Ellingen belonged to the Teutonic Order from 1216 onwards and was the Residence of the Territorial Commander of the Bailiwick of Franconia. This was the most powerful bailiwick in the Teutonic Order, and the small town of Ellingen thus represented the centre of a far-reaching territorial and economic power.
At the time when today’s palace was built, however, the Teutonic Order had already become a charitable institution for the lower aristocracy. The site of today’s palace was previously occupied by various medieval buildings, as well as a highly prestigious Renaissance building. Starting in 1708, the present palace grounds were built and the late Gothic church was converted to the Baroque style. The vast main building was built by the architect Franz Keller from 1718 to 1720.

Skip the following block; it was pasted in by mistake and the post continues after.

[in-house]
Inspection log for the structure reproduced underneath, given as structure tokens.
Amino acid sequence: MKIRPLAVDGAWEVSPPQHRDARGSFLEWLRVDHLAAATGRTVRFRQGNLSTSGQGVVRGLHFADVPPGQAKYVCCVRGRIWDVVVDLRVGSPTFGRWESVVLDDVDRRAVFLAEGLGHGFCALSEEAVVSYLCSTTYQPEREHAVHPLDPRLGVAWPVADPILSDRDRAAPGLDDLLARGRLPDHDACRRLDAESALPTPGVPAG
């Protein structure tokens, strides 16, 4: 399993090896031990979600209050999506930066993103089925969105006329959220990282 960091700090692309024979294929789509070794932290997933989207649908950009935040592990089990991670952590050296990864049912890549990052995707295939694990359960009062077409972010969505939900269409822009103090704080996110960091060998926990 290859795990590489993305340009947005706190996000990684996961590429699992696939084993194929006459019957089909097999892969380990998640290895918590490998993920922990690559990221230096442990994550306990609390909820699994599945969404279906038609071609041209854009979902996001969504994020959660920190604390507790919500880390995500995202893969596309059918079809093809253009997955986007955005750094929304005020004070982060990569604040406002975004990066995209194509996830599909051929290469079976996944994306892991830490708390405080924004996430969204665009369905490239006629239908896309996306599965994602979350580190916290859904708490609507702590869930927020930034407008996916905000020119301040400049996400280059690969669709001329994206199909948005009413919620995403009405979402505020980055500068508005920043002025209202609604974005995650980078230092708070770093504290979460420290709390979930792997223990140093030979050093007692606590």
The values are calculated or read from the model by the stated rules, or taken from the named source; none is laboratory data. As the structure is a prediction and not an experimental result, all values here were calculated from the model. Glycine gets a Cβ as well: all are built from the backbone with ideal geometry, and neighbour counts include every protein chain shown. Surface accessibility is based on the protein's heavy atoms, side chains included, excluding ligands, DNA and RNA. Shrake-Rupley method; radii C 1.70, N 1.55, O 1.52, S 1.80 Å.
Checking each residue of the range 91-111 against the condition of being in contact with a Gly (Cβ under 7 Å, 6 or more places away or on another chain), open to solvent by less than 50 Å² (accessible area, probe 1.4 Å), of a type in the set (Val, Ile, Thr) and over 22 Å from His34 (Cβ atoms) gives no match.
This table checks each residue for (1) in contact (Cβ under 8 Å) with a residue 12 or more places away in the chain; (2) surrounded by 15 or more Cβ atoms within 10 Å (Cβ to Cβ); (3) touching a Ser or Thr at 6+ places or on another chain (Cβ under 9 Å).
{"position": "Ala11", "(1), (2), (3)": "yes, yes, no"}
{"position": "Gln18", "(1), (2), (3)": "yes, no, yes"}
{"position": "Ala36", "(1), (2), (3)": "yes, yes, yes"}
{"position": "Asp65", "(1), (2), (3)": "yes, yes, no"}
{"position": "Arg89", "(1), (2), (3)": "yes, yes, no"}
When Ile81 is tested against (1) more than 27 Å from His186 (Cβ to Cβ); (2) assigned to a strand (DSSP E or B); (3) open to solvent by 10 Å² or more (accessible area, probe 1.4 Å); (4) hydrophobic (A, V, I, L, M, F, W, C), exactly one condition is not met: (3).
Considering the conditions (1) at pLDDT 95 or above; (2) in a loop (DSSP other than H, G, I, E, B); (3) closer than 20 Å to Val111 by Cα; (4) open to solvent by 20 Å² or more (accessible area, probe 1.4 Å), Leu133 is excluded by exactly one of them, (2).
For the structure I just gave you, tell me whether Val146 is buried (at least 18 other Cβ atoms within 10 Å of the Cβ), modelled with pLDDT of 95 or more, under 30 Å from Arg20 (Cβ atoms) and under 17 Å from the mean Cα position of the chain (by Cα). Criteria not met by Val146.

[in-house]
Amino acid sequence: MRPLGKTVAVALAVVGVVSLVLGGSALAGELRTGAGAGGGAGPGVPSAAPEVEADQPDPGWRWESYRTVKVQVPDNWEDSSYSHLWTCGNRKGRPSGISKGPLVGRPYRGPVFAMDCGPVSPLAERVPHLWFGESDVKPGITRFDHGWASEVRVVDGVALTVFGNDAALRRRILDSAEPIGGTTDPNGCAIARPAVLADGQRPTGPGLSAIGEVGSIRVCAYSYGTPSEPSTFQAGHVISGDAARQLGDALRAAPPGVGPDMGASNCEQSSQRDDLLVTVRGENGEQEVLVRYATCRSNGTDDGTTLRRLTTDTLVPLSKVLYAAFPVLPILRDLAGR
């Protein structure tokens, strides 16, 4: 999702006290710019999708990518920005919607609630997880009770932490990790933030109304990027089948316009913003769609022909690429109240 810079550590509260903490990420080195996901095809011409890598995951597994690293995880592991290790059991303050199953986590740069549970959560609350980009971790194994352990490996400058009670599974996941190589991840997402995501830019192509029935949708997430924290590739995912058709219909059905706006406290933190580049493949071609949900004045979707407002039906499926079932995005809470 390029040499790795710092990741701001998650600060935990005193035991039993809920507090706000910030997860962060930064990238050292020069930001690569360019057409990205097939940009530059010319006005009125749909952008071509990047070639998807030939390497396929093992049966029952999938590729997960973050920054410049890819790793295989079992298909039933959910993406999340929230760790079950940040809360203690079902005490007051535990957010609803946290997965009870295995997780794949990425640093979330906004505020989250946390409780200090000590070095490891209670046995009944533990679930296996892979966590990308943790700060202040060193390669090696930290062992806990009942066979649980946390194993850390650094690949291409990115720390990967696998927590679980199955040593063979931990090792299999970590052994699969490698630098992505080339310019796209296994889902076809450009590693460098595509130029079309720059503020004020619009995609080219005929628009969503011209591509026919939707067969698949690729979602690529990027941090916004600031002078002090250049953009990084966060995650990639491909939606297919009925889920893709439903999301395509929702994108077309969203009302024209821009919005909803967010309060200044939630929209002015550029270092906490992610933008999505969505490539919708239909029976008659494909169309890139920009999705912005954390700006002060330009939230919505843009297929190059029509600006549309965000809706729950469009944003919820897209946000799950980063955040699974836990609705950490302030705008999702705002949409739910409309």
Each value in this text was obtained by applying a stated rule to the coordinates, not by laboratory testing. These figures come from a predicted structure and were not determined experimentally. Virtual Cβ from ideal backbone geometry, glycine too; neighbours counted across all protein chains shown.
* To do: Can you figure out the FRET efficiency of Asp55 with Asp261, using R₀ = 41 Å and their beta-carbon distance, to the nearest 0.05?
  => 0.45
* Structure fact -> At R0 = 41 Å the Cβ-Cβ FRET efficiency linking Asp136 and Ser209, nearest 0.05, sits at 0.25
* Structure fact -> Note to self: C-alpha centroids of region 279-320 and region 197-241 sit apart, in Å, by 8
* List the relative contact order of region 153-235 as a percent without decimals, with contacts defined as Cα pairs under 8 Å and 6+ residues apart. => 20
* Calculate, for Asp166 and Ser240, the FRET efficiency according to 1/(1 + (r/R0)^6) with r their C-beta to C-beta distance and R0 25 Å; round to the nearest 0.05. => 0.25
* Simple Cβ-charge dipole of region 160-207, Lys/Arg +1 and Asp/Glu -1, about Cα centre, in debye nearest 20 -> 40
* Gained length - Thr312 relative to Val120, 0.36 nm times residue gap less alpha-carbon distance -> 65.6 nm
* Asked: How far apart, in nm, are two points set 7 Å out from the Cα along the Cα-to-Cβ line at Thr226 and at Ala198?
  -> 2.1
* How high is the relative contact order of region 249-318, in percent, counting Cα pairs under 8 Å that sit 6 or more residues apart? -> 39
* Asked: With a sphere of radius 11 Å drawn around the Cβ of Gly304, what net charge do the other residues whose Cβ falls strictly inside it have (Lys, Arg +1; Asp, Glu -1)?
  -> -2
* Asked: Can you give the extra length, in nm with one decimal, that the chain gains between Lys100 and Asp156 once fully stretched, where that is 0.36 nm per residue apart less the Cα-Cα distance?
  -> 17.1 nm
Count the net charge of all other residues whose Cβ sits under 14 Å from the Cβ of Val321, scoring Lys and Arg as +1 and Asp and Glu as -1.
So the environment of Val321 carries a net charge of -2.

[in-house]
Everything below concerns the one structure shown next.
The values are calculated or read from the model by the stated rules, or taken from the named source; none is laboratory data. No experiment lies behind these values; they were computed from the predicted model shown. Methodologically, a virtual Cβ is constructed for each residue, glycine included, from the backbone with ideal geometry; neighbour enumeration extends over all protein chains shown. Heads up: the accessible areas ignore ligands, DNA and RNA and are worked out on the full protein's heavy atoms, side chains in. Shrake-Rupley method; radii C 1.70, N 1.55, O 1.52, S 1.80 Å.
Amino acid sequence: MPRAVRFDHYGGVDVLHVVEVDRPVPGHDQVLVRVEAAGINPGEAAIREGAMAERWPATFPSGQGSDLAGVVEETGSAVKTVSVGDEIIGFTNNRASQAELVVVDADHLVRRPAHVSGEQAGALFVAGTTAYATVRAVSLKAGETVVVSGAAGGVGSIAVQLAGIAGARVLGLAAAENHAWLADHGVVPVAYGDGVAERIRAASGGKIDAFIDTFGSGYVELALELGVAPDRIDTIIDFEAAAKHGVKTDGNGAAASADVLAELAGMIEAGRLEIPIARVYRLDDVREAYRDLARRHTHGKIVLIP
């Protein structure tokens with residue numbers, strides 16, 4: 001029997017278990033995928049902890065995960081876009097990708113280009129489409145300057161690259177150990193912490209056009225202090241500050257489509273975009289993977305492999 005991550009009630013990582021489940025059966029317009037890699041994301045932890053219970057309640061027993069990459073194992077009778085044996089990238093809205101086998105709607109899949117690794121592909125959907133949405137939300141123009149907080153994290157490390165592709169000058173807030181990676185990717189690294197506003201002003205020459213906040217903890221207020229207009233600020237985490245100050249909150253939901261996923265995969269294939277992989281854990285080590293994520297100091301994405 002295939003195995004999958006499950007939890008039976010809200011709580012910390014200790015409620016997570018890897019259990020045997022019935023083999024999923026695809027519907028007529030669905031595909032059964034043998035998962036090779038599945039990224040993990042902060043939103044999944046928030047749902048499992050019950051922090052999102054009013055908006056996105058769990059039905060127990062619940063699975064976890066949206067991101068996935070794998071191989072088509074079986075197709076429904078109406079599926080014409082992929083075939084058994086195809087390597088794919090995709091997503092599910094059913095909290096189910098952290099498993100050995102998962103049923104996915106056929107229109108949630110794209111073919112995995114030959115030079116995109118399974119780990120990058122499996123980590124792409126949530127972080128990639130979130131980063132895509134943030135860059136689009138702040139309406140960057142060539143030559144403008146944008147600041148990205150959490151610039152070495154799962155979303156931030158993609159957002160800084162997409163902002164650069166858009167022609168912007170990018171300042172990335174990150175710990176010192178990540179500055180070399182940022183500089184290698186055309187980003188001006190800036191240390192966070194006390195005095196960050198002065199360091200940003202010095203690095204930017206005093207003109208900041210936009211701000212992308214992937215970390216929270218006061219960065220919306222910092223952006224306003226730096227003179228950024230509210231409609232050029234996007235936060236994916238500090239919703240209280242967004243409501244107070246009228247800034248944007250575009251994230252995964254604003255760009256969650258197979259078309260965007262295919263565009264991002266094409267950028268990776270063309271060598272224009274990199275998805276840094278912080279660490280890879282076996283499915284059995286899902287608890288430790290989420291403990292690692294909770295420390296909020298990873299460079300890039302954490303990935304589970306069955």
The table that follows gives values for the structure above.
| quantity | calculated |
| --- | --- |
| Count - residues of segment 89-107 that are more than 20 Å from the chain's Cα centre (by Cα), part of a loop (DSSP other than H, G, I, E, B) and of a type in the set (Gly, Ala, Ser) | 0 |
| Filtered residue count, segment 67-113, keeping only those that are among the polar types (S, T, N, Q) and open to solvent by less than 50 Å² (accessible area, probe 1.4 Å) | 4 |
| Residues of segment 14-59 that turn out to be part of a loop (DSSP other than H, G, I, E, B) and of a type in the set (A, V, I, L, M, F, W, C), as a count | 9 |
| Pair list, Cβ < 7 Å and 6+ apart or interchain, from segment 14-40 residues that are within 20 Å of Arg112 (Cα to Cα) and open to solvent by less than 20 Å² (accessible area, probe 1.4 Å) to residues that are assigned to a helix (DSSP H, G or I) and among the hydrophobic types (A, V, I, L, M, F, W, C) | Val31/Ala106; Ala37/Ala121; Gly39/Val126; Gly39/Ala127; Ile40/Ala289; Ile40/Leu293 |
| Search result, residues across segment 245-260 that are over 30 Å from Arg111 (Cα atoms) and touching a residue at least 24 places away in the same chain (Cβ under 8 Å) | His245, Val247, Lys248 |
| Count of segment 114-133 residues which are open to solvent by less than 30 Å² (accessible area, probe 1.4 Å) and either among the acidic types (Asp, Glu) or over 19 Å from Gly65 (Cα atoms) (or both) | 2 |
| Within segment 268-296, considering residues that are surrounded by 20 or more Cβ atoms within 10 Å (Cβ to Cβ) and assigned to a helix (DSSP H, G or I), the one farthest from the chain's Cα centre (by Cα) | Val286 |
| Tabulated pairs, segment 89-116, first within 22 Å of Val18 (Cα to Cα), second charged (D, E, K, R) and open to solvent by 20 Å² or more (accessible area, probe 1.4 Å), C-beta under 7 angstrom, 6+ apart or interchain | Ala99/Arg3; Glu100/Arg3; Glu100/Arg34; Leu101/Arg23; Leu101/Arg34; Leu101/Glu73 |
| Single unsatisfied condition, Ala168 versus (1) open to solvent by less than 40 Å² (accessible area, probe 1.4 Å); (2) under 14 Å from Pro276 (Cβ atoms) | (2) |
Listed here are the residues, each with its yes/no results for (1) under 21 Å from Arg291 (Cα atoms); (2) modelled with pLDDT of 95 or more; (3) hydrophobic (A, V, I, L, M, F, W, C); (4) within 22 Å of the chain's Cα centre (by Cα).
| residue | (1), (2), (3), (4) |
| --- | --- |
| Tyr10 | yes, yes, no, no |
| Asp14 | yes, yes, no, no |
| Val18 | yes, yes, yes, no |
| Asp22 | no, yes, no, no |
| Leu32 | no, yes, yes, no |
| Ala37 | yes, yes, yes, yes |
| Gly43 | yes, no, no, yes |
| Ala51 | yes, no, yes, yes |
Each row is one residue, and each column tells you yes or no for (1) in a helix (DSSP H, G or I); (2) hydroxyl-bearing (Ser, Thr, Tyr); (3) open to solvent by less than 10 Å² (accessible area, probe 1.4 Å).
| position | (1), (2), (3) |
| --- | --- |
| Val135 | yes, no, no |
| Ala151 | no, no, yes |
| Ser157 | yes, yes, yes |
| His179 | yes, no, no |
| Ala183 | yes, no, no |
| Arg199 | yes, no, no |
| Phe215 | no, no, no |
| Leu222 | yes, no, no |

Of the interior decorations, the ceiling frescos, wall panelling, floors and above all the stucco work by Franz Joseph Roth have survived. The colonnade in the inner courtyard is part of the conversion work carried out by French architect Michel d’Ixnard and was newly erected around 1775.
In 1789, the seat of the Bailiwick of Franconia was moved to Bad Mergenheim. This effectively closed the history of Ellingen Palace as the Residence of the Teutonic Order. A few years later, the Order was almost completely dissolved and ownership of Ellingen passed to the Kingdom of Bavaria. In 1815, King Max I Joseph presented the palace to his outstanding field-marshal, Carl Philipp, Prince of Wrede, who had several rows of rooms newly decorated with enormously expensive silk and paper wallpapers, furniture, glass and bronzes from Paris. Together with the stucco work and furniture by Michel d’Ixnard, these rooms are now among the most important interior design works dating from the Classicist period in Bavaria.
Around the end of March there is a carpet of alpine squills (Latin: Scilla) under the massive old trees in the palace park.